George JN. Platelets. Lancet. 2000;355(9214):1531–9.  https://doi.org/10.1016/S0140-6736(00)02175-9.PubMedCrossRefPubMedCentralGoogle Scholar
  71. 71.
    Nash GF, Turner LF, Scully MF, Kakkar AK. Platelets and cancer. Lancet Oncol. 2002;3(7):425–30.PubMedCrossRefGoogle Scholar
  72. 72.
    Menter DG, Tucker SC, Kopetz S, Sood AK, Crissman JD, Honn KV. Platelets and cancer: a casual or causal relationship: revisited. Cancer Metastasis Rev. 2014;33(1):231–69.  https://doi.org/10.1007/s10555-014-9498-0.PubMedPubMedCentralCrossRefGoogle Scholar
  73. 73.
    McAllister SS, Weinberg RA. The tumour-induced systemic environment as a critical regulator of cancer progression and metastasis. Nat Cell Biol. 2014;16(8):717–27.  https://doi.org/10.1038/ncb3015.PubMedCrossRefGoogle Scholar
  74. 74.
    Nilsson RJ, Balaj L, Hulleman E, van Rijn S, Pegtel DM, Walraven M, et al. Blood platelets contain tumor-derived RNA biomarkers. Blood. 2011;118(13):3680–3.  https://doi.org/10.1182/blood-2011-03-344408.PubMedCrossRefGoogle Scholar
  75. 75.
    • Nilsson RJ, Karachaliou N, Berenguer J, Gimenez-Capitan A, Schellen P, Teixido C, et al. Rearranged EML4-ALK fusion transcripts sequester in circulating blood platelets and enable blood-based crizotinib response monitoring in non-small-cell lung cancer. Oncotarget. 2016;7(1):1066–75.  https://doi.org/10.18632/oncotarget.6279. The EML4-ALK rearrangement can be found in blood platelets of NSCLC patients. Moreover, it was possible to predict therapy resistance based on blood platelet analysis, 2 months before this could be seen radiographically. PubMedCrossRefGoogle Scholar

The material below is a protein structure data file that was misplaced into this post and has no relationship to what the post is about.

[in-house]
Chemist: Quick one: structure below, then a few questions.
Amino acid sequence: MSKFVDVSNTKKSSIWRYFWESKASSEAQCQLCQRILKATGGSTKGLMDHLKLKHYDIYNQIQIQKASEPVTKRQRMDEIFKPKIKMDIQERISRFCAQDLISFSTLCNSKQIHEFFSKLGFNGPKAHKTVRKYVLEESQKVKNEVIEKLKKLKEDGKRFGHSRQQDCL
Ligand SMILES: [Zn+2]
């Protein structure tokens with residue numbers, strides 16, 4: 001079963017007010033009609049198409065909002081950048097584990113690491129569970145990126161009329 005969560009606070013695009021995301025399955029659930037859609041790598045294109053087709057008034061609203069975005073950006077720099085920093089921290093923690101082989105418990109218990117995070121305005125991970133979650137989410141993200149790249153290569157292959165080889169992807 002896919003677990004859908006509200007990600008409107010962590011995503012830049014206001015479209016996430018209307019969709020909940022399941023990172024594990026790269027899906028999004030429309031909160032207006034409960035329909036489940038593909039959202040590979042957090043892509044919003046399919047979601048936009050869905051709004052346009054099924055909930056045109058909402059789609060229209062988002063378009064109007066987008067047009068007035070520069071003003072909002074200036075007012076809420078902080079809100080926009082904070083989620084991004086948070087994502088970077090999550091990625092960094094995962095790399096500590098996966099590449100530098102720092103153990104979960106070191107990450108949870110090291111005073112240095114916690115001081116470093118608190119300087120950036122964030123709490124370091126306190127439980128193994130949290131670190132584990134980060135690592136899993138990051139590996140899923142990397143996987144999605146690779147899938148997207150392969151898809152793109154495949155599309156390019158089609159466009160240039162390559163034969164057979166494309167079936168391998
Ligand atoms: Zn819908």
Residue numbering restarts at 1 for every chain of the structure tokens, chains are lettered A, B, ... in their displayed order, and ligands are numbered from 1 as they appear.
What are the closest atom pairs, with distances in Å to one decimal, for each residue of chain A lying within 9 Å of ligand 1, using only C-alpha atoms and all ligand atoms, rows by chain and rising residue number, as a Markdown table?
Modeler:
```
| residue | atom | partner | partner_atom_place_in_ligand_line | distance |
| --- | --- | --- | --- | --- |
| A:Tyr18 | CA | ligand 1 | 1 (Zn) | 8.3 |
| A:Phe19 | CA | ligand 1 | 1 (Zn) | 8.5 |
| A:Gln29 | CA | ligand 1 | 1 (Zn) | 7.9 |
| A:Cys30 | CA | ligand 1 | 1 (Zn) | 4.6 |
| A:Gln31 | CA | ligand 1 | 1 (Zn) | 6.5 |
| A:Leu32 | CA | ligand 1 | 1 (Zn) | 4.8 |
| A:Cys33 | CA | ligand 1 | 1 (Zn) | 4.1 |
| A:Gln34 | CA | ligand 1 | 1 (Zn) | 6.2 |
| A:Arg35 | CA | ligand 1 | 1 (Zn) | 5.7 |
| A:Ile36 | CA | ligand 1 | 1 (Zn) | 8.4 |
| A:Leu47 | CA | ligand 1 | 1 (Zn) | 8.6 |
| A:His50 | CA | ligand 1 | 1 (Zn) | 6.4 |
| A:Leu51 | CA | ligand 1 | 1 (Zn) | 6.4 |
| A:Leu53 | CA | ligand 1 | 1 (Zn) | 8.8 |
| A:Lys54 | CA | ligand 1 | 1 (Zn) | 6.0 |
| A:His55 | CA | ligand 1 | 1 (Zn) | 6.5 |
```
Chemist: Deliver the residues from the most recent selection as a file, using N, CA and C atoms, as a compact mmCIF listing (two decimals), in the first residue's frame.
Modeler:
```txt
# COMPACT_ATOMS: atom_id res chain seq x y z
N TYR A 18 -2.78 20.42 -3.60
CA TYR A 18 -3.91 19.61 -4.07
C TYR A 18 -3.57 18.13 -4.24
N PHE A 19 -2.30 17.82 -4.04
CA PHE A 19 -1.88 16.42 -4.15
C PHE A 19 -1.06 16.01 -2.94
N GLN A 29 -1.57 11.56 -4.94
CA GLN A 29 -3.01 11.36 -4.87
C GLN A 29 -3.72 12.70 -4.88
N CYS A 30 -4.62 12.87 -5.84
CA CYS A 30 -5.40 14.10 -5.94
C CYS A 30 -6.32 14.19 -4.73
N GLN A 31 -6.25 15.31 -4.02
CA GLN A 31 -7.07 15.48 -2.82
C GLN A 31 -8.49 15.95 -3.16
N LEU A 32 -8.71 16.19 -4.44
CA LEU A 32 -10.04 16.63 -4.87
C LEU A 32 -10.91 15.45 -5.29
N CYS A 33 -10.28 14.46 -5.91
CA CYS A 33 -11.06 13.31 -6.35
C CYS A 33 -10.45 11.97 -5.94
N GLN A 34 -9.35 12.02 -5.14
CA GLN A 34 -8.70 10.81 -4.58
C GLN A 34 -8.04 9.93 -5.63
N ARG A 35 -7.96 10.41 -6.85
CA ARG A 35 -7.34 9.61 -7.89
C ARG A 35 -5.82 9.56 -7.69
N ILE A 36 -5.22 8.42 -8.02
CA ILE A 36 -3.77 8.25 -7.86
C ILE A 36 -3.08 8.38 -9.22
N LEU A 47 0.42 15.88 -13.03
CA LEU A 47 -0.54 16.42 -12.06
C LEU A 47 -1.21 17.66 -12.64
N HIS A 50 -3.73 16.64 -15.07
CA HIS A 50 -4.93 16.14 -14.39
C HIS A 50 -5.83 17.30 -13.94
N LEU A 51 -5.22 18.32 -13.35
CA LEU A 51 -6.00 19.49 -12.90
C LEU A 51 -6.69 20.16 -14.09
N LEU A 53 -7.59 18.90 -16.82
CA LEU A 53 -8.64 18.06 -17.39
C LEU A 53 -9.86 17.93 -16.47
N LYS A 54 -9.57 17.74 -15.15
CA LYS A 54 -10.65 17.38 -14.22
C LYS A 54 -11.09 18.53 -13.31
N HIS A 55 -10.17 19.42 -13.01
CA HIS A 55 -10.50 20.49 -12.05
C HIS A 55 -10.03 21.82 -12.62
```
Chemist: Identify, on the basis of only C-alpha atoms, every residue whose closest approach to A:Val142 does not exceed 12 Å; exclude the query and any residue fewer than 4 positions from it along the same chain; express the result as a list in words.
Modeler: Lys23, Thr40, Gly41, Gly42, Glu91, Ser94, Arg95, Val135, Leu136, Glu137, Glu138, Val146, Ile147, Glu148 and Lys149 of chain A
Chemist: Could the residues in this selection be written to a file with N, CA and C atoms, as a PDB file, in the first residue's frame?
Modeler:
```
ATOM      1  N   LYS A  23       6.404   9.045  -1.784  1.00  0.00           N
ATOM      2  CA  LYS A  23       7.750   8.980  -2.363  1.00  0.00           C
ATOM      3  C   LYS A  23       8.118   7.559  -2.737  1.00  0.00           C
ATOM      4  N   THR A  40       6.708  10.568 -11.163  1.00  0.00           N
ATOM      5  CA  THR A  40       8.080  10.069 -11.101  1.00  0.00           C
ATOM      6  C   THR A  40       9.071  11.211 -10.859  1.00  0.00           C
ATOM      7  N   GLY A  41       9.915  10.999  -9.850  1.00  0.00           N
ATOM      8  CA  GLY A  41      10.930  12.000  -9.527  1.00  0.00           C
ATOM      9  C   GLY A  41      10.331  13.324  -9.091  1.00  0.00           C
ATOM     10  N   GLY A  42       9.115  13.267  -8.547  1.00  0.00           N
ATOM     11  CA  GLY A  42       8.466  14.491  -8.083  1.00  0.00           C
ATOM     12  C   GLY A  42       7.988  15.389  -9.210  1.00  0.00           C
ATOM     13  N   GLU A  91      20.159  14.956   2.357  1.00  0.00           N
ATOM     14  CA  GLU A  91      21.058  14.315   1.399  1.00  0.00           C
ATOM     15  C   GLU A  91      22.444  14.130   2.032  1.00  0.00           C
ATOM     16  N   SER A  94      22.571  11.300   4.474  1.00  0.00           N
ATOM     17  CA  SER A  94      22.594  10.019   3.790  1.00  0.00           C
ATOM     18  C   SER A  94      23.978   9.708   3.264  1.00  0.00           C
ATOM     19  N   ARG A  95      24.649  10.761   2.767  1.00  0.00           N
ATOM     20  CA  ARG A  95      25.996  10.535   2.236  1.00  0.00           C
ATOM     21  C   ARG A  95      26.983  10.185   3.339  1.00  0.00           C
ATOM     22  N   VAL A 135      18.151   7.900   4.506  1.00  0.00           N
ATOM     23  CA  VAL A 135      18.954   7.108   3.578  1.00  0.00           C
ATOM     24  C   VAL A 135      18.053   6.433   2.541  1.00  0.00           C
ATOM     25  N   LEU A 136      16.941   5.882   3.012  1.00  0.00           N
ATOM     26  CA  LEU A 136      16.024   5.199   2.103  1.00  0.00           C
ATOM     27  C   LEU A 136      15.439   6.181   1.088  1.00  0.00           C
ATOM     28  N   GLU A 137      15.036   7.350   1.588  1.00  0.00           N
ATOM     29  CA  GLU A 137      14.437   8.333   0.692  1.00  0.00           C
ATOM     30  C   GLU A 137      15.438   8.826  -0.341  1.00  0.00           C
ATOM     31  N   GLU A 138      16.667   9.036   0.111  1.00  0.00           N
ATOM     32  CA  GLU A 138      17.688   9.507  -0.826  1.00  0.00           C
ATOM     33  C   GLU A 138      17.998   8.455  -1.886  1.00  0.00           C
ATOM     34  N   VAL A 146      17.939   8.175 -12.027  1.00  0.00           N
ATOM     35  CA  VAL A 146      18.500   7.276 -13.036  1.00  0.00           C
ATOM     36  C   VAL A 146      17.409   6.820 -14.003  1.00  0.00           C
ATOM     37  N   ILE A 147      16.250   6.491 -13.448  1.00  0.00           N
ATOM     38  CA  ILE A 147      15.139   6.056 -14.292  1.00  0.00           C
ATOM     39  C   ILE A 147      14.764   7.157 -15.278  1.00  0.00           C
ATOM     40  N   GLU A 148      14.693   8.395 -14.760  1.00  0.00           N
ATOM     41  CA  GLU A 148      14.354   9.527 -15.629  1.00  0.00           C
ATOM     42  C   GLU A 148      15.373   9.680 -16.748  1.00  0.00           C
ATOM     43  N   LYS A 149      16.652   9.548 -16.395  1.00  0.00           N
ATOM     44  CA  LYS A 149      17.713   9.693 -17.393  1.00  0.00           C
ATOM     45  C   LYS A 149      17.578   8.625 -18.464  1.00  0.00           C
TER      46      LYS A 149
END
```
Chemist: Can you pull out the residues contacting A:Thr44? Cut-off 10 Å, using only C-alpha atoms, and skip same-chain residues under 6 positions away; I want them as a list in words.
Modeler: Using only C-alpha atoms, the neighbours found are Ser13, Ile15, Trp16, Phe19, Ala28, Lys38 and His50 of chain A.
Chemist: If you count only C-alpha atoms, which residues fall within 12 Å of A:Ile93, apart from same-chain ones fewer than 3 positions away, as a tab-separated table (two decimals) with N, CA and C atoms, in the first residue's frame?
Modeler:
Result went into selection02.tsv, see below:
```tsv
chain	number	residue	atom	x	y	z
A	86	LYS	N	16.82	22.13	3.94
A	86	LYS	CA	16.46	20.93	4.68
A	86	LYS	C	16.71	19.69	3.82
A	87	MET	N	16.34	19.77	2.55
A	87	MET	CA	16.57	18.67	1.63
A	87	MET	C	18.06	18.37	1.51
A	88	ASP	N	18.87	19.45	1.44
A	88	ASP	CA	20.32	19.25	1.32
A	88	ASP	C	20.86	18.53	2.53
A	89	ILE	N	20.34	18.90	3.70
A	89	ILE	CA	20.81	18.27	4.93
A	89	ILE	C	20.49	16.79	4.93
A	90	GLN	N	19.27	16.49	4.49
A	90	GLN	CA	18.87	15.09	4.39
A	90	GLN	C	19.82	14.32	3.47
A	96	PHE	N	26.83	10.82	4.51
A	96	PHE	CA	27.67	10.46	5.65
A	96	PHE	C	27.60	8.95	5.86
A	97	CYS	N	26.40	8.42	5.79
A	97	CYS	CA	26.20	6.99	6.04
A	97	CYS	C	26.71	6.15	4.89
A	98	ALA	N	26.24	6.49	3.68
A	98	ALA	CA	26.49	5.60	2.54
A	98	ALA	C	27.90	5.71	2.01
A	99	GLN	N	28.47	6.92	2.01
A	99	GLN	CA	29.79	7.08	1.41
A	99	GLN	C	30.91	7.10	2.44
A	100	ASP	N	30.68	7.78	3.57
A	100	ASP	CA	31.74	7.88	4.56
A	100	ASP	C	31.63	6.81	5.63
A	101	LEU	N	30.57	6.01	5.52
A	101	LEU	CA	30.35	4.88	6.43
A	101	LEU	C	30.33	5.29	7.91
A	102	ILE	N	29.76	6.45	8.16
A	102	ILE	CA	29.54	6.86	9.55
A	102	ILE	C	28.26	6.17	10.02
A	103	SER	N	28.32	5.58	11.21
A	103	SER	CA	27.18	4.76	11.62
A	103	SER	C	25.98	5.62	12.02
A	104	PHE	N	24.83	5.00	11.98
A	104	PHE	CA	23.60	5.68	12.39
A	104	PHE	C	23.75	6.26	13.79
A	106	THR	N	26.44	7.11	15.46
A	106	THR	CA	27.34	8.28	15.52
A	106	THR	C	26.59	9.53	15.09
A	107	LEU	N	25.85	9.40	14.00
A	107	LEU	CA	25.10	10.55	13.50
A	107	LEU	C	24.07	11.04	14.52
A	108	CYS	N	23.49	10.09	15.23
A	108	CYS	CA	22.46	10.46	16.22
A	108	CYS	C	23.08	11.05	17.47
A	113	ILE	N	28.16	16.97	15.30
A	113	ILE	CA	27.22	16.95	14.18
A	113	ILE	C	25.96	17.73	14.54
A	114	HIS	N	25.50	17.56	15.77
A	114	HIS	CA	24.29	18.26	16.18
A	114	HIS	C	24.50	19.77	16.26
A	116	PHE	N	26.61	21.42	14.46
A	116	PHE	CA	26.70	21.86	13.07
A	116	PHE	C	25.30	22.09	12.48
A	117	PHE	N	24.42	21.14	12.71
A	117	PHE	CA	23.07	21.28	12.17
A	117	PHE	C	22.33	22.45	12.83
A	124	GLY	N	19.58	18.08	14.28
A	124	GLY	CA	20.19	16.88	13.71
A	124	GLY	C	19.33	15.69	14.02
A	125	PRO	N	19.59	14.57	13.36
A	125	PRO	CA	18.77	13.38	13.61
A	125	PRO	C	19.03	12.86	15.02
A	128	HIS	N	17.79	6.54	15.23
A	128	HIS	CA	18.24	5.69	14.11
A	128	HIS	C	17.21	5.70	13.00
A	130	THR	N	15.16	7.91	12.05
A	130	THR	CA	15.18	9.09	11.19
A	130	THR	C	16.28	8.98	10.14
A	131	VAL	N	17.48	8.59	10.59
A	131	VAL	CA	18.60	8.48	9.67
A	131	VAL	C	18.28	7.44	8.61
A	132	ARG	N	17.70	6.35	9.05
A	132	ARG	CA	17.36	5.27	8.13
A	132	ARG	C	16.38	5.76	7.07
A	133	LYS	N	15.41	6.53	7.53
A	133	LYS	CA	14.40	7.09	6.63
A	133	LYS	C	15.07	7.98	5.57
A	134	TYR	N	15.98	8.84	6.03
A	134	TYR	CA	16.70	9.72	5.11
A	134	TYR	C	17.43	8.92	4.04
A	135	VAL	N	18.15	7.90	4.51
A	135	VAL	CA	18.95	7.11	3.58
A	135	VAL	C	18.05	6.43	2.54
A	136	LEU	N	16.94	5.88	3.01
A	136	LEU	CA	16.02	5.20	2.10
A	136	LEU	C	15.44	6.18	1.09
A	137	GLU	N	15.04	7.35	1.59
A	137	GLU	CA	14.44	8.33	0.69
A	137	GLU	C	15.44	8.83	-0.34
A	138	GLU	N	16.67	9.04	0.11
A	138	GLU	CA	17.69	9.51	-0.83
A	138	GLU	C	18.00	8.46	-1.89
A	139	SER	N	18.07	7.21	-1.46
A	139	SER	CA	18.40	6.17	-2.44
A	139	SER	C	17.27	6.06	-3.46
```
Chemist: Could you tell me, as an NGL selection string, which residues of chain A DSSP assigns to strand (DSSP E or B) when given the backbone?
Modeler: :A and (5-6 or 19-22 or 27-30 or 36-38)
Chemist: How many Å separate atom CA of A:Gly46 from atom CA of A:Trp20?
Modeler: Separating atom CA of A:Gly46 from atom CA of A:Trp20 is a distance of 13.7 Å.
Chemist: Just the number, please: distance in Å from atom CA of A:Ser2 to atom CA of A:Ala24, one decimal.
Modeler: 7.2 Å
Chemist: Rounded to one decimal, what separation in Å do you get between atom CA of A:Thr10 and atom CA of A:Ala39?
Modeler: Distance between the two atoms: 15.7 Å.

76. 76.
    Leslie M. Cell biology. Beyond clotting: the powers of platelets. Science. 2010;328(5978):562–4.  https://doi.org/10.1126/science.328.5978.562. PubMedCrossRefGoogle Scholar
  77. 77.
    Hoffman M, Monroe DM, Roberts HR. A rapid method to isolate platelets from human blood by density gradient centrifugation. Am J Clin Pathol. 1992;98(5):531–3.PubMedCrossRefGoogle Scholar
  78. 78.
    Mustard JF, Kinlough-Rathbone RL, Packham MA. Isolation of human platelets from plasma by centrifugation and washing. Methods Enzymol. 1989;169:3–11.PubMedCrossRefGoogle Scholar
  79. 79.
    Skog J, Wurdinger T, van Rijn S, Meijer DH, Gainche L, Sena-Esteves M, et al. Glioblastoma microvesicles transport RNA and proteins that promote tumour growth and provide diagnostic biomarkers. Nat Cell Biol. 2008;10(12):1470–6.  https://doi.org/10.1038/ncb1800.PubMedPubMedCentralCrossRefGoogle Scholar